All in all, I find this a compelling story and a good regency world that I can easily enter and become a part of and feel for the characters. What more can a reader ask for? I also feel that I should add that I do not understand lots of comments in reviews who gave this book a one star rating based on the fact that the main heroine is a modern woman of her time that is fighting for women's rights in her own way but ends up in love with a man and gets married. Why is that a bad thing? Do all women who want equal rights for both sexes need to be without men and love in their life just to prove to some non-existent entity that they are feminists? I think that women can fight for their rights and have families and love just the same. Even more so maybe. Plus, in the regency era, especially in a high society, women who were openly voicing out such ideas were ostracised. Before you give this book such a low rating you need to understand the world setting which then commands the characters' actions and motives.


Thank you, Tessa Dare, for entertaining me and making me laugh. As a voracious reader that is a real blessing to me.



You’re human. We’re all scared, every last one of us. Afraid of life, of love, of dying. Maybe marching in neat rows all day distracts you from the truth of it. But when the sun goes down? We’re all just stumbling through the darkness, trying to outlast another night.” Colin downed another swig of wine, then stared at the bottle. “Excellent vintage. Makes me sound almost intelligent.”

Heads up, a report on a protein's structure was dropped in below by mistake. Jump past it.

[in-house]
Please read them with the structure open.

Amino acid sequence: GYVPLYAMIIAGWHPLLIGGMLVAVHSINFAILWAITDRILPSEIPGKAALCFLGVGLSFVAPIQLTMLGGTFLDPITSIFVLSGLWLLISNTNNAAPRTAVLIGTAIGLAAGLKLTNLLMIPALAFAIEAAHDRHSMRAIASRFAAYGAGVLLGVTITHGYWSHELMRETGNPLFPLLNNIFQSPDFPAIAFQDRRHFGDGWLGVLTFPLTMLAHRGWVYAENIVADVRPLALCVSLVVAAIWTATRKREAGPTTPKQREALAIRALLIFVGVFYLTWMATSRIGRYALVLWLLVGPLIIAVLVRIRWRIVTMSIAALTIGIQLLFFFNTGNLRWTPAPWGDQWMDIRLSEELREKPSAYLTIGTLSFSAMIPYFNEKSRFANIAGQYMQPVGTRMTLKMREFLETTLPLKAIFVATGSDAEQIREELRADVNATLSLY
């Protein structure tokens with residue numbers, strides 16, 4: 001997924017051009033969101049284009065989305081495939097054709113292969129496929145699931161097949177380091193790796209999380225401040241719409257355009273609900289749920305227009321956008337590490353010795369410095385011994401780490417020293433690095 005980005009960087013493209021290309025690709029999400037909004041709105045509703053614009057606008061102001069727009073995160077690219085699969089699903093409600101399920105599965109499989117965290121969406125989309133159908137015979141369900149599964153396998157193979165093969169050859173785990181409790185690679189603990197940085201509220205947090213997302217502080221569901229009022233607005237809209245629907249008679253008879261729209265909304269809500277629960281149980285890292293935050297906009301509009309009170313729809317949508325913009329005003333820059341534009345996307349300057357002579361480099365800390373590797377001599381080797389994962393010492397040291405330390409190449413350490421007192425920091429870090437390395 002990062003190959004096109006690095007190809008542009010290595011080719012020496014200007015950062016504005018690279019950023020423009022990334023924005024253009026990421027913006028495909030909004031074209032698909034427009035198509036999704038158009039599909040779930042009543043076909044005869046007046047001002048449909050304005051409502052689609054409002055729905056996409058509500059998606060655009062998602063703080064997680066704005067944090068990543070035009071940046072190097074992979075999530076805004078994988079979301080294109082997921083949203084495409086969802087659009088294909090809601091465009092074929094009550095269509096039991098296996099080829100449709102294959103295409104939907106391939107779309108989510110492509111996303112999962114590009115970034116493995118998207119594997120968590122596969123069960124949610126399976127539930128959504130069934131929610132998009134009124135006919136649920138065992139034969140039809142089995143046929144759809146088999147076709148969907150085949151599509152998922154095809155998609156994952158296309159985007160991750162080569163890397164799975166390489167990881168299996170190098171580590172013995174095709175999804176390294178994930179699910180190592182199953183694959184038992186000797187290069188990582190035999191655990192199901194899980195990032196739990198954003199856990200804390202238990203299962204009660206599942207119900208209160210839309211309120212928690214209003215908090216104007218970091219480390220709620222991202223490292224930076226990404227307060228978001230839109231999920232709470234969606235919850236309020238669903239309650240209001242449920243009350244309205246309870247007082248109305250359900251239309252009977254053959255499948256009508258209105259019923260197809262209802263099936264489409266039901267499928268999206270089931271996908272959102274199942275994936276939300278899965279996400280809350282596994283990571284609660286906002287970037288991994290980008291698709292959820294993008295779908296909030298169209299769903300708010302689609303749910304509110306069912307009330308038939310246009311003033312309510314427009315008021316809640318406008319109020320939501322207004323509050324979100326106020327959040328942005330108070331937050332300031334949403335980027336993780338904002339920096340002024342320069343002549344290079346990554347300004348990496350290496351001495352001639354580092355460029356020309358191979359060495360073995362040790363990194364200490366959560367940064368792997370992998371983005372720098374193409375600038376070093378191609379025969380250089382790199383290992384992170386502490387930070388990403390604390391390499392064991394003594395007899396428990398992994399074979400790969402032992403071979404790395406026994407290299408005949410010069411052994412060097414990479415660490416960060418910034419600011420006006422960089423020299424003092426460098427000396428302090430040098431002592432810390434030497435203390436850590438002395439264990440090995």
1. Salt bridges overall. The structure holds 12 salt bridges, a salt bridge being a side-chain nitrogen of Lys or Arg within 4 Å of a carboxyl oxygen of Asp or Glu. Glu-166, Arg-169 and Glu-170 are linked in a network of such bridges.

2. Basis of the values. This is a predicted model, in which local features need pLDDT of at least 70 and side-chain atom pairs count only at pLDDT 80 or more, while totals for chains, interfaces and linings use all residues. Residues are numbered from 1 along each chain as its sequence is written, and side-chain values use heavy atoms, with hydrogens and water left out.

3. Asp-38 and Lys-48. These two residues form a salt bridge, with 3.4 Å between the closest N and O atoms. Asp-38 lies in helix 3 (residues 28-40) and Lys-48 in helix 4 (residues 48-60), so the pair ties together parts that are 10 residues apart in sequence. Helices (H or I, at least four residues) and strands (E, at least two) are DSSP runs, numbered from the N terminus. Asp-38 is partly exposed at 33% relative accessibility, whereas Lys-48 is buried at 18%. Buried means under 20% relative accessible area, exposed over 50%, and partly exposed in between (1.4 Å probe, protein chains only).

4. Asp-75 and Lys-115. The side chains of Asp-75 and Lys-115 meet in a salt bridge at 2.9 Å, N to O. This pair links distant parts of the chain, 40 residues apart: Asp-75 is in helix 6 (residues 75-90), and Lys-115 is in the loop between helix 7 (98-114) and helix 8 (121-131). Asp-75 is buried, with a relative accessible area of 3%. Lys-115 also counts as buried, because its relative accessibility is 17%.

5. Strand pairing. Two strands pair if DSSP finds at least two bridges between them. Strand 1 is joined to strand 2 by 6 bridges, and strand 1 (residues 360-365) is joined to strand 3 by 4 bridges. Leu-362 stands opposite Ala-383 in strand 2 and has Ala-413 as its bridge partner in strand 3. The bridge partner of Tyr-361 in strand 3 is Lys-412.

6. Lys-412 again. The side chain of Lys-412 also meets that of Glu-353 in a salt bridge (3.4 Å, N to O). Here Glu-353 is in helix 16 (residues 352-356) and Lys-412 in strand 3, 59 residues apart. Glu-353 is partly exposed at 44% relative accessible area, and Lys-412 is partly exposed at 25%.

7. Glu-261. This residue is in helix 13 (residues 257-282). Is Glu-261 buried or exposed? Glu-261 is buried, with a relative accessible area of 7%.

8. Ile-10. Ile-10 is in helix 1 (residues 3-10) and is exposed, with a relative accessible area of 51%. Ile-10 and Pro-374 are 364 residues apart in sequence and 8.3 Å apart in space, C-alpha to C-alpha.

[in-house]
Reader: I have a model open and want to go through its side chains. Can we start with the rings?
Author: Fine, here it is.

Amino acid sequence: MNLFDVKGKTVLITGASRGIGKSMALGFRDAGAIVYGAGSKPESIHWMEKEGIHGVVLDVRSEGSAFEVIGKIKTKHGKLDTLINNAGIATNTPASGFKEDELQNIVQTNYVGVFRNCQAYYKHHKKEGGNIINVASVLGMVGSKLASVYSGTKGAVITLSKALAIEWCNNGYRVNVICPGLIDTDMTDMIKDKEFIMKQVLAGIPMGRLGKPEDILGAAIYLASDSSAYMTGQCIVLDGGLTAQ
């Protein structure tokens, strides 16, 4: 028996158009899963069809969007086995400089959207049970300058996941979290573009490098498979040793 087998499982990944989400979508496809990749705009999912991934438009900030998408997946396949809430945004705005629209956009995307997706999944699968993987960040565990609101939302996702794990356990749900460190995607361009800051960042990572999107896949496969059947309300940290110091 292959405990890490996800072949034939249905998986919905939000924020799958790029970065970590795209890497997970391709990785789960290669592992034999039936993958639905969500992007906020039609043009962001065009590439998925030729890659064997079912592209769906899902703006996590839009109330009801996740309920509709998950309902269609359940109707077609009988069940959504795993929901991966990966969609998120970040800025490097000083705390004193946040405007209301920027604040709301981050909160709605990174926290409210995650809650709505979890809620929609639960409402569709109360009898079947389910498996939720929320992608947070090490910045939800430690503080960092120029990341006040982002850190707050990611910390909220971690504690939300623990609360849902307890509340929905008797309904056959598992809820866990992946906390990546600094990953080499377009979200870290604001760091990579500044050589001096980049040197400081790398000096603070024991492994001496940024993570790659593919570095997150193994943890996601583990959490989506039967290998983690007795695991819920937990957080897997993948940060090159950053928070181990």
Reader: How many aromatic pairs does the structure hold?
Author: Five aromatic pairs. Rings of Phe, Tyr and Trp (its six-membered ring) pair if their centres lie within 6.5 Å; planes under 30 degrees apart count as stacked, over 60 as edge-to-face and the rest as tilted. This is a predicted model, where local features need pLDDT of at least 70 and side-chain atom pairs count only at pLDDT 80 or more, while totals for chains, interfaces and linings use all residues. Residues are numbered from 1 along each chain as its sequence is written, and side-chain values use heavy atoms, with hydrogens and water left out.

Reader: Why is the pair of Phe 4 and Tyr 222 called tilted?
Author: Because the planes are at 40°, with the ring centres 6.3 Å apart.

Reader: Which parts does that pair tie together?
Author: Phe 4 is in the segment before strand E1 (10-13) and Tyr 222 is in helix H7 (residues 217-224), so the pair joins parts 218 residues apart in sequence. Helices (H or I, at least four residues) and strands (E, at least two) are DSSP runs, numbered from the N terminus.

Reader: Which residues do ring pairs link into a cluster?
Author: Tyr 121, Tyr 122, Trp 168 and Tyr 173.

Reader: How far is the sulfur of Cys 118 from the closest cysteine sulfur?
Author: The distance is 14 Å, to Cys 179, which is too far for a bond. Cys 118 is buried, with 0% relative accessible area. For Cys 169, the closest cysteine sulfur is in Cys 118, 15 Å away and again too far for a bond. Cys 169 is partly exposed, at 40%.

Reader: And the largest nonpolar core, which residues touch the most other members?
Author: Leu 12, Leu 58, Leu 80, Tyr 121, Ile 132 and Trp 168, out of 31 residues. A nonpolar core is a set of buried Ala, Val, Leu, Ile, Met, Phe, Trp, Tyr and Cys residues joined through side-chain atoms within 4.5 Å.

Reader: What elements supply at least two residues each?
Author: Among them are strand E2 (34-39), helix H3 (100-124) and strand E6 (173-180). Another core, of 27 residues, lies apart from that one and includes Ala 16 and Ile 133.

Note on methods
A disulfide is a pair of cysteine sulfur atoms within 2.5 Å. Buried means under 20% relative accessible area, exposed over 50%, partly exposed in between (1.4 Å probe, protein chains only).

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text 2018-01-31 14:59
Reading progress update: I've read 188 out of 281 pages.
Soldiers of Paradise - Paul Park

pretty far along now--I'll finish it up tonight. it's turned into an extended battlefield scenario, and it looks like we've had our first major casualty. the book doesn't seem designed to make me feel much for the characters, though--maybe Thanakar--so I'm not having emotional reactions to characters in danger. still, a fairly entertaining SF story that is running about 3 stars, as far as I'm concerned.

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text 2018-01-31 03:02
Reading progress update: I've read 154 out of 281 pages.
Soldiers of Paradise - Paul Park

ok. that's all the pages I'm gonna conquer tonight.


Aspe has arrived, on behalf of the emperor, shaking things up for Thanakar, and especially making trouble for Abu, who is never happy and makes enough trouble for himself.


wanna finish this tomorrow. good, but not totally my thing.

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text 2018-01-31 01:44
Reading progress update: I've read 114 out of 281 pages.
Soldiers of Paradise - Paul Park

I'm liking this book more, now that some of the history of this fractured society has been explained. divisions go back hundreds of years--the rejected outcasts, called antinomials, don't even know or have a record of why their ancestors were cast out, slaughtered, considered foul and unclean. it all has to do with religion: believers versus a blossoming heresy...again, all that happened long ago.


anyway, I'm not sure this is SF I'm going to love--I feel like I've done this set-up many times before, but with the schism being a gender war, or science versus faith, or rich versus poor, subjugating aliens versus bedraggled human survivors, whatever. religion versus heresy is not a scenario I particularly care about in an SF novel, but that's just a general reaction--some of the specifics of the book, chapter to chapter, plus the recent explanations of why it is the way it is, mean that I'm doing okay with this.

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text 2018-01-30 14:54
Reading progress update: I've read 32 out of 281 pages.
Soldiers of Paradise - Paul Park

okay--hard to say how much I'm going to like it overall, but the beginning has slowly drawn me in; somewhat violent, smooth world-building mixed in with a bleak story. I've definitely been dropped into an alien society--music and dancing familiar, though. I'm intrigued.